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By Emma Morrison, communications fellow at the Executive Office of Health and Human Services

You know when you leave your house without your Blackberry or iPhone and you get that sinking feeling?  We have all been there: the panic sets in and without your ‘smart’ phone, you feel like you are not really whole all day.  Or what about when you leave your iPod at home when you go to the gym?  I hate running without my music!  These are everyday occurrences that highlight just how much we depend on technology.  But consider for a moment you are an individual with a disability and you really do rely on assistive technology (AT) every day to make your life more independent and manageable.  Forgetting your phone for a day seems trivial doesn’t it? 

You may be surprised to find out just how many individuals in the Commonwealth live with a disability or are elders, and rely on some form of assistive technology on a daily basis.  According to the 2009 American Community Survey from the U.S. Census Bureau:

  • 5.9% of Massachusetts residents ages 5-17 have a disability
  • 8.9% of Massachusetts residents ages 18-64 have a disability
  • 34% of Massachusetts residents ages 65 and over have a disability

As all forms of technology continue to evolve, assistive technology (AT) is rapidly developing and impacts a growing number of people living with disabilities in the Commonwealth. 

Assistive or adaptive technology refers to what the U.S. Assistive Technology Act of 1998 outlines as "products, devices or equipment, whether acquired commercially, modified or customized, that are used to maintain, increase or improve the functional capabilities of individuals with disabilities."   

AT change people’s lives for the better and helps individuals live more independently.  Keith Jones and Joe McCormick are two such residents; their lives have changed considerably thanks to AT and they cannot imagine their lives without it. Keith is the President and CEO of Soul Touchin’ Experiences; Joe is a sophomore at Harvard.

Without the use of his arms, Keith uses his feet for virtually everything requiring manual dexterity. He stresses “the role of technology” and how it’s ”bridging the gap between what the American dream is for American people and what the actual American reality is for people with disabilities.”  As a result of AT innovation, Keith works from home using his iPhone, iPad and iMac – and his feet.  Keith reminds us that there’s no such thing as “we can’t do it” for people living with disabilities and elders, because, he says, the technological solutions available today have truly changed the way Keith lives and works every day.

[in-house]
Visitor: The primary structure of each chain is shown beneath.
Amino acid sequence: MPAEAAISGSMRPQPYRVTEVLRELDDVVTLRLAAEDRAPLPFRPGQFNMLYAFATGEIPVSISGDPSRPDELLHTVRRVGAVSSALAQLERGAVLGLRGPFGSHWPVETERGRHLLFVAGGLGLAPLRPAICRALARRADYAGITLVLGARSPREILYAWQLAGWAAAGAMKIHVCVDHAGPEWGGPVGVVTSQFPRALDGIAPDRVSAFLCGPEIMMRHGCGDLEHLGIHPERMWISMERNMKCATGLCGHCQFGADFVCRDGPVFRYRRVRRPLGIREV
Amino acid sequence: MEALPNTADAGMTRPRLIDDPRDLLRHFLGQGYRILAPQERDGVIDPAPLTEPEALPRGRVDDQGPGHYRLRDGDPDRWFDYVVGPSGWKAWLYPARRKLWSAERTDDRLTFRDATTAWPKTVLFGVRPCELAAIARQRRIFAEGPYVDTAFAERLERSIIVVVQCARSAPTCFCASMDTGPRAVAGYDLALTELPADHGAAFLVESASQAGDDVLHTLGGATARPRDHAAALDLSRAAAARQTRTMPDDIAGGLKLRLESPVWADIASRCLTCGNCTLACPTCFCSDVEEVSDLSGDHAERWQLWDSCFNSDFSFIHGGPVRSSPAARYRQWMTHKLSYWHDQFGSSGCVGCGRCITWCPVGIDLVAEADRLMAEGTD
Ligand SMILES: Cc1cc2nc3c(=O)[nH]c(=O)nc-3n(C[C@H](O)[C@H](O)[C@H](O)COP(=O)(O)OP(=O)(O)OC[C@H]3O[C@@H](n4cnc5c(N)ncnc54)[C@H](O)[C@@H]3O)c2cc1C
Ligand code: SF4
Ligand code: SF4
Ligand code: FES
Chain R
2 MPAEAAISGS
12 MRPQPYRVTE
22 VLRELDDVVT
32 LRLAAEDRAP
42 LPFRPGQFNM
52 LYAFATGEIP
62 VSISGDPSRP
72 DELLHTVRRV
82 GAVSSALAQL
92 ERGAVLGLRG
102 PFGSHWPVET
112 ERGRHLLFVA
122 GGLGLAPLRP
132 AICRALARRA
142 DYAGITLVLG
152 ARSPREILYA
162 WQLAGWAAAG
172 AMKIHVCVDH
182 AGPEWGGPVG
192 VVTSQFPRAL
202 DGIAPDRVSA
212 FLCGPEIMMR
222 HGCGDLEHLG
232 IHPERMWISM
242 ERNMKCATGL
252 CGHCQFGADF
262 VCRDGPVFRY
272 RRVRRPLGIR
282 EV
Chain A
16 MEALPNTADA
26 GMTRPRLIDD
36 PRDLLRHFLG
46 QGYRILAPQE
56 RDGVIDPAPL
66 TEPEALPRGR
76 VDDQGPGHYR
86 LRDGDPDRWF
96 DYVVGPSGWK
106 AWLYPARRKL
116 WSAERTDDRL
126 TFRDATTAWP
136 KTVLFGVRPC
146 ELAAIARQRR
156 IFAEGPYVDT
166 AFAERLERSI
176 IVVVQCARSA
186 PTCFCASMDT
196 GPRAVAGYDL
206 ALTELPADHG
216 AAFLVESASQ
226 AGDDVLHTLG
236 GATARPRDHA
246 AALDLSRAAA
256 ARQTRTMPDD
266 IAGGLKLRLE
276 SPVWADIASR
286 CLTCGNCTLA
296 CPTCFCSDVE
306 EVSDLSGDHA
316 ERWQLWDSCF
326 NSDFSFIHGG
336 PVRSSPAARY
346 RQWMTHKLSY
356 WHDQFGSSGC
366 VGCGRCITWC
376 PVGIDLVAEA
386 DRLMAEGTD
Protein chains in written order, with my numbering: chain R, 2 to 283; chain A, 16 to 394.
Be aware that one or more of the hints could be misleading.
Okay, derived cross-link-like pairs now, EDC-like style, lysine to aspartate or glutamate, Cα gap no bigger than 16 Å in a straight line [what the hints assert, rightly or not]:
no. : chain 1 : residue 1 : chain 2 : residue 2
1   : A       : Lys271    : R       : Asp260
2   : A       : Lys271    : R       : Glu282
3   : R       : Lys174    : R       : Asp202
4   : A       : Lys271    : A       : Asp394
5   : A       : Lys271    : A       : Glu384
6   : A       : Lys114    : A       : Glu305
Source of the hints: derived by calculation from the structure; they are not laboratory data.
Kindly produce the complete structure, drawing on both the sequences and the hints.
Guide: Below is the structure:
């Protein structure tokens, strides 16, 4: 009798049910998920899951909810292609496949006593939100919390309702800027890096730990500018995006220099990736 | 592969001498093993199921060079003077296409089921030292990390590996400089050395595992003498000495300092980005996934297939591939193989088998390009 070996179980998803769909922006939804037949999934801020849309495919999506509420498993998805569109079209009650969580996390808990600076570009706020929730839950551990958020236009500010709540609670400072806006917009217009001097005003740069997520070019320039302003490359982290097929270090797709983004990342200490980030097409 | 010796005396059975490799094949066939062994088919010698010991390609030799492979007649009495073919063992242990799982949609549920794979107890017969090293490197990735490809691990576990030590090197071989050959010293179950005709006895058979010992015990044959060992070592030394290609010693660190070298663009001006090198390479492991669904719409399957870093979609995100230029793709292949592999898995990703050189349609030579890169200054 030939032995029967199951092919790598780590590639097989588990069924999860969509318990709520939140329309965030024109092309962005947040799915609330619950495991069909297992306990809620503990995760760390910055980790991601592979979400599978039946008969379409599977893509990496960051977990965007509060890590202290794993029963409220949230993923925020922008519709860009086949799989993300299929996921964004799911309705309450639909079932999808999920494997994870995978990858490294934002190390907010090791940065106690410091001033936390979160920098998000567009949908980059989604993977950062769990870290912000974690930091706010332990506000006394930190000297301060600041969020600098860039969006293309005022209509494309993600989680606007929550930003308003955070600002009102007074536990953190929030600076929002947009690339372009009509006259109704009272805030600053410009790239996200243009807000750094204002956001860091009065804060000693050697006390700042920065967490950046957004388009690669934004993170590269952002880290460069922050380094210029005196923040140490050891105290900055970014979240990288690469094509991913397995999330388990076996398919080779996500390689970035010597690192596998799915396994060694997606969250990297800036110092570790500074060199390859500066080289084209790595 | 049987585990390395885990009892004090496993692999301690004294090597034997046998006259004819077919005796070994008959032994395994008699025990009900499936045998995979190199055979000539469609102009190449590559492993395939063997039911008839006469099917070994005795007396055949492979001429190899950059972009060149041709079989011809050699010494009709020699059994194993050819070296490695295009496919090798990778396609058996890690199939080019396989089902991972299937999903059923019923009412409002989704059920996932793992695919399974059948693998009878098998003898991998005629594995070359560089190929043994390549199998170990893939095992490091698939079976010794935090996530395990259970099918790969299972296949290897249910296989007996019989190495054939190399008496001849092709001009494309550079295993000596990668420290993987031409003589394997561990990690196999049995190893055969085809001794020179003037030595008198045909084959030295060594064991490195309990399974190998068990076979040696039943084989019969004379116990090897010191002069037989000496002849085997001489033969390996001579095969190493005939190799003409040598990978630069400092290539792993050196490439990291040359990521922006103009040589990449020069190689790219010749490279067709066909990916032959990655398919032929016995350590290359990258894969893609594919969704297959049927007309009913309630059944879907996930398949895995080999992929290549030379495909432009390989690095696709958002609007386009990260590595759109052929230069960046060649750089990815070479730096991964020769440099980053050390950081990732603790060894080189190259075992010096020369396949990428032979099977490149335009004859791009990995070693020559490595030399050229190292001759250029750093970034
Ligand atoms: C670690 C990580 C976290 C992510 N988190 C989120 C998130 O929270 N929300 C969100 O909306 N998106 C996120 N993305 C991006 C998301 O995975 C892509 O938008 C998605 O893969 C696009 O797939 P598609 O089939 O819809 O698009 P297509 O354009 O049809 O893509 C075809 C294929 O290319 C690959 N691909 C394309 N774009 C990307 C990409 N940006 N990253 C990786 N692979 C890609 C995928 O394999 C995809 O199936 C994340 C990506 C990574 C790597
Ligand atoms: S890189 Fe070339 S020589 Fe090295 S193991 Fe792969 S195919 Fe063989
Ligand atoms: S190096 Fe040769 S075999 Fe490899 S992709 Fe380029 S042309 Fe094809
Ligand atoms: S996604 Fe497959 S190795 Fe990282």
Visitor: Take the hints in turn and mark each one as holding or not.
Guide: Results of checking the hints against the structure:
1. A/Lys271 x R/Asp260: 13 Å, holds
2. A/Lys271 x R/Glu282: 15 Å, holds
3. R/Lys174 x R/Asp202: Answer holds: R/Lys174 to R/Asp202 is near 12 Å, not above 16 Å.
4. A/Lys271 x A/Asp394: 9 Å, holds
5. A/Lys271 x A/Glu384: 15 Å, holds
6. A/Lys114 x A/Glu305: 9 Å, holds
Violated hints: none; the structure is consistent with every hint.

Joe is a student at Harvard University who is legally blind.  Advents in AT have provided Joe with invaluable technological tools to study.  For example, Joe uses a Zoom-EX (a portable book scanner) to read texts and assignments and to write papers.  Joe says devices like the Zoom-EX “make me more independent, they let me do everything that anyone else can do at the same rate as them.”  Maybe I don’t rely on my iPod as much as Joe relies on his Zoom EX.

To help recognize and celebrate September as Universal Design and Assistive Technology Awareness Month, on September 23, 2011, Governor Patrick and the Executive Offices of Health and Human Services, Housing and Economic Development and Education will co-host “Products & Technologies that Change People’s Lives,” a daylong conference and exhibition of the latest developments in assistive technology, at the Hynes Convention Center in Boston.  Check out the event’s website to learn more:  Everyone depends on technology, some people just a little more!

To learn more about Keith and Joe’s stories and how AT has changed their lives’ visit:

 Keith Jones: AT at work

 Joe McCormick: Learning with AT


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